How does one account for these '30s gems: All Quiet on the the Western Front, Freaks, Scarface (and the rise the Gangster genre), Our Daily Bread, The Bride of Frankenstein, Fury, You Only Live Once, Only Angels Have Wings -- these are arguably closer to film noir (which, most would argue, did not yet exist -- yeah, right) than the usual conception of "escapist". Or these "normal" and "realistic" movies of the '40s: The Palm Beach Story, The Ghost and Mrs. Muir, The Paleface, On the Town, The Pirate, Samson and Delilah.

 

Get me the grant funds and I'll do the study.

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*Get me the grant funds and I'll do the study.*

 

Please submit a grant proposal in triplicate and attach proposed budget. ;)

 

Seriously, you raise some valid points, and I'll be the first to confess that there may be some degree of generalization in the examples that were given. But at least some of the 30's movies were incredibly escapist fare, notably some of the musicals, imho. For purposes of a friendly discussion (as opposed to a rigorous, scientific study) I think we could talk about what our impressions are of certain time periods, I guess. B-)

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*But at least some of the 30's movies were incredibly escapist fare, notably some of the musicals, imho. For purposes of a friendly discussion (as opposed to a rigorous, scientific study) I think we could talk about what our impressions are of certain time periods, I guess.*

 

I agree and tried to acknowledge that point. And, in order to have friendly discussions, one has to assume some common basic generalizations. My stick-in-the-mud point was that, upon reflection, one should (or, at least, I do) take the basic generalizations with a huge grain of salt. Reducing the '30s, for example, to Musicals and Screwball Comedies does a disservice to the scope of the films of that period, and there's always that possibility that the basic generalizations are false. But what's a little falsity among friends?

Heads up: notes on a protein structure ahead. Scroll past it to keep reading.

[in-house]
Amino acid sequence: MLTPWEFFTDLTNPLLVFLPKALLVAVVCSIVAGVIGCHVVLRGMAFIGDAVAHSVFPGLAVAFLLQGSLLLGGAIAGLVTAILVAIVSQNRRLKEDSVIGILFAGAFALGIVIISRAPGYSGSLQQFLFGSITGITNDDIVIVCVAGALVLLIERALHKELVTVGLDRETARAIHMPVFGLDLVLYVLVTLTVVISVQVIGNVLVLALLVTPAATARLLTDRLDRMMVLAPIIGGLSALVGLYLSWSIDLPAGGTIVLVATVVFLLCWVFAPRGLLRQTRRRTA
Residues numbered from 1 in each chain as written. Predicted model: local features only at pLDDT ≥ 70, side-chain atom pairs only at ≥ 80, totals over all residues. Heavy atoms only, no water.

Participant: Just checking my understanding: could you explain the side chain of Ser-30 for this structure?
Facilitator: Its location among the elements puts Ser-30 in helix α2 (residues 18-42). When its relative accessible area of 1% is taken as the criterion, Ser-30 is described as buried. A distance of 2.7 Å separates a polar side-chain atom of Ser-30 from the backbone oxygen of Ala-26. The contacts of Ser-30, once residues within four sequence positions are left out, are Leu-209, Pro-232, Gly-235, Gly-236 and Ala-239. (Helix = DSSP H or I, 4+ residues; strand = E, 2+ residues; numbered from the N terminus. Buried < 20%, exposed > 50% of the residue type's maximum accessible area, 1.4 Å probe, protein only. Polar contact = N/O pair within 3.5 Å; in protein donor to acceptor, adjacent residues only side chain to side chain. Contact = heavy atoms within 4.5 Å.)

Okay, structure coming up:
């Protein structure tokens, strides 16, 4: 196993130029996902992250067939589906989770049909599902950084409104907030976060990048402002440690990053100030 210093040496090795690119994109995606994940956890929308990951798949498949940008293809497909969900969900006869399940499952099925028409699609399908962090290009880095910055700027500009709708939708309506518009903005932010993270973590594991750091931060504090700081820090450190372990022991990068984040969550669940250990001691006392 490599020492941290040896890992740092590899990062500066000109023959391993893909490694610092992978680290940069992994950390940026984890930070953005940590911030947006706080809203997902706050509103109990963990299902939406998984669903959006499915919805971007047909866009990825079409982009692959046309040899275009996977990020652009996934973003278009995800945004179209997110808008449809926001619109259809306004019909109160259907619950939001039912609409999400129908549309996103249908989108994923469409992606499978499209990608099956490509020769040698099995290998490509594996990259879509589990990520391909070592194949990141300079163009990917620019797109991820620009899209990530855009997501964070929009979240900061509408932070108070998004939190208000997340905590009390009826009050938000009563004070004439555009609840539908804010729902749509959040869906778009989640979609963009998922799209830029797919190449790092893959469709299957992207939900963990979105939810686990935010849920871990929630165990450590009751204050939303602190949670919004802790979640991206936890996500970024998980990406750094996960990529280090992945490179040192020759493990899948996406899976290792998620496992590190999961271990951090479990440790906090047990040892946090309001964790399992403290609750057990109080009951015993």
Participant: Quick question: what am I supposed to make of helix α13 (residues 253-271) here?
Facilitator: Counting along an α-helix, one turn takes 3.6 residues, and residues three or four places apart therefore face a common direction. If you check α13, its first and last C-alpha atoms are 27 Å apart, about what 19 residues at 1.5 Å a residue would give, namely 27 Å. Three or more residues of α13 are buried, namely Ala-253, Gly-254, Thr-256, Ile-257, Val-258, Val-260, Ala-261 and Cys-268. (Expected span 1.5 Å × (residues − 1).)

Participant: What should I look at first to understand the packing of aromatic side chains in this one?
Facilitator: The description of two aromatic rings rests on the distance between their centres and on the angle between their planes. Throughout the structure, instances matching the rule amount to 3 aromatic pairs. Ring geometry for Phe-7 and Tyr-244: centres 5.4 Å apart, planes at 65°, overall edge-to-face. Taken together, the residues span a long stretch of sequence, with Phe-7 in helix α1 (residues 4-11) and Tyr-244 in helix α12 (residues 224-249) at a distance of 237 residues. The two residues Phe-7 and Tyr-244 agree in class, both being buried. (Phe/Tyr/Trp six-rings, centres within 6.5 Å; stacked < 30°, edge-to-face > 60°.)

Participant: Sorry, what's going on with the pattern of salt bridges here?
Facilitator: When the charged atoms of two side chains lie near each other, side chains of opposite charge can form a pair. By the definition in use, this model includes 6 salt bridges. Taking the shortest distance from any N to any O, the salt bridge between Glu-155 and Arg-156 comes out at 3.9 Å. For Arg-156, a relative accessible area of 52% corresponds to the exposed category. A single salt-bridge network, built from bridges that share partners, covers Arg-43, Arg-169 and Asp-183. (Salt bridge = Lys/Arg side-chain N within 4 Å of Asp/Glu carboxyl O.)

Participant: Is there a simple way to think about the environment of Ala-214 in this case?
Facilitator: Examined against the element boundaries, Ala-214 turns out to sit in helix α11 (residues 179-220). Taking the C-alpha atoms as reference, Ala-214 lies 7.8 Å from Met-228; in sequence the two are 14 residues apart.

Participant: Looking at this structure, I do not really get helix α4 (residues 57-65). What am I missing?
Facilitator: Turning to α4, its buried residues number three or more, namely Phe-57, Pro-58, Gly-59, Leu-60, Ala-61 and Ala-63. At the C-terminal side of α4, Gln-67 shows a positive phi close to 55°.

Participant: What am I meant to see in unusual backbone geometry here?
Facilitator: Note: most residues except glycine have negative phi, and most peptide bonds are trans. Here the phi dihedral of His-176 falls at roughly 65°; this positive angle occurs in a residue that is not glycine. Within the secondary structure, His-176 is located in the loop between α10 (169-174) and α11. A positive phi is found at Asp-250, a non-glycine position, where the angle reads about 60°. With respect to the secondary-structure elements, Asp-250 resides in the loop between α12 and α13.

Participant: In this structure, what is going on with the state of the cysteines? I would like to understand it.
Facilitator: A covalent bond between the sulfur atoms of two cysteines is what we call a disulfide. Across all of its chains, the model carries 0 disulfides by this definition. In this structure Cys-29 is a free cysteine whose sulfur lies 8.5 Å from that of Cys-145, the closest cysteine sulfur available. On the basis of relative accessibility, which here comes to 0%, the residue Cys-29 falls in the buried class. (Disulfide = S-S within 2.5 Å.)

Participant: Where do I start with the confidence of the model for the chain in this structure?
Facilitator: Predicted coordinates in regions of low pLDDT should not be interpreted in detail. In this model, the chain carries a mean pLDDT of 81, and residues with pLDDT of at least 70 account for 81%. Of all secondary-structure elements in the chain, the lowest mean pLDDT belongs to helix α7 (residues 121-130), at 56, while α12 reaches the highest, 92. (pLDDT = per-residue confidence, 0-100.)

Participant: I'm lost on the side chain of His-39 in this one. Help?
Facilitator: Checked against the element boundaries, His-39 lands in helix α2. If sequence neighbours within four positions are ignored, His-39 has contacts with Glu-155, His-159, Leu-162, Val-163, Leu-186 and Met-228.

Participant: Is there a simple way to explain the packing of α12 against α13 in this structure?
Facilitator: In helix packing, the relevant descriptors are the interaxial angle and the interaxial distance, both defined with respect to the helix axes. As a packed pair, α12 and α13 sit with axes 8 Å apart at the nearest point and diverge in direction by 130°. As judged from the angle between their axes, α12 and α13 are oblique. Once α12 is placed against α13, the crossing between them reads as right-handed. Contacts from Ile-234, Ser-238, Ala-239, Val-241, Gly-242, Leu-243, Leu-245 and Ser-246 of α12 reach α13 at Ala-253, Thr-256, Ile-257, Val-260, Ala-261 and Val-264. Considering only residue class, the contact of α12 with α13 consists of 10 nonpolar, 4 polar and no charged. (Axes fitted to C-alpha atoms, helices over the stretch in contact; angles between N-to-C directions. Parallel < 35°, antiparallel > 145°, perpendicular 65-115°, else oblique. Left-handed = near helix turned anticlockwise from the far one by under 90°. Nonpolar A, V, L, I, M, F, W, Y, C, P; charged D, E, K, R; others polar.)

And, of course, if I were asked what type of movies predominated in the '30s, I'd say Musicals and Screwball Comedies. Did they? I don't know. But that's what I read, and I sure seems that alot of the movies that are watched now from then fall into those categories.

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*My stick-in-the-mud point was that, upon reflection, one should (or, at least, I do) take the basic generalizations with a huge grain of salt.*

 

I agree completely, and I usually do, even if I do not explicitly say so. ;)

 

*Reducing the '30s, for example, to Musicals and Screwball Comedies does a disservice to the scope of the films of that period,*

 

It wasn't my intention to "reduce" the 30's to carefree musicals and screwball comedies, although I'd certainly argue that they may have reached an artistic high point during the decade, and possibly accounted for a greater share of the studios' output than in any other decade that followed. Yes, there were monster movies, and dramas, and biopics, and gangster movies, too. And some of them are memorable. But personally, the most fun of all 30's movies are the musicals and screwball comedies. Those are the two genres that, in my opinion, reflected in a greater degree the public's need for super-escapist fare. This heightened need for escapism may have even continued through the war years, but in my opinion began to fade after 1945.

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*FrankGrimes wrote:I'm new to classic film, so I'm still trying to figure out if my assumptions match reality. One of the assumptions I've been working under is that Hollywood's films of the 30s*

*were geared more to women and that post-WWII, Hollywood started to make more films*

*that were aimed at men. Gangster films seem to be the most "masculine" of films from*

*the 30s with some horror and westerns thrown in.*

 

*It also seems to me as if many of the films from the 30s were escapist fare that featured*

*high society and that post-WWII featured more films of "everyday" people. You have seen*

*many more films than me, so please set me straight.*

 

Well ChiO gave the smart answer. I will merely babble as I'm prone to do. I wrote all this last night and now with ChiO's post it looks silly but I wrote it so dagnabbit I'm posting it. :P I basically agree with ChiO's points. There are always numerous examples of exceptions to a generalization about a particular period in film. I also wanted to touch on what you said about having a harder time getting into those lighter thirties films.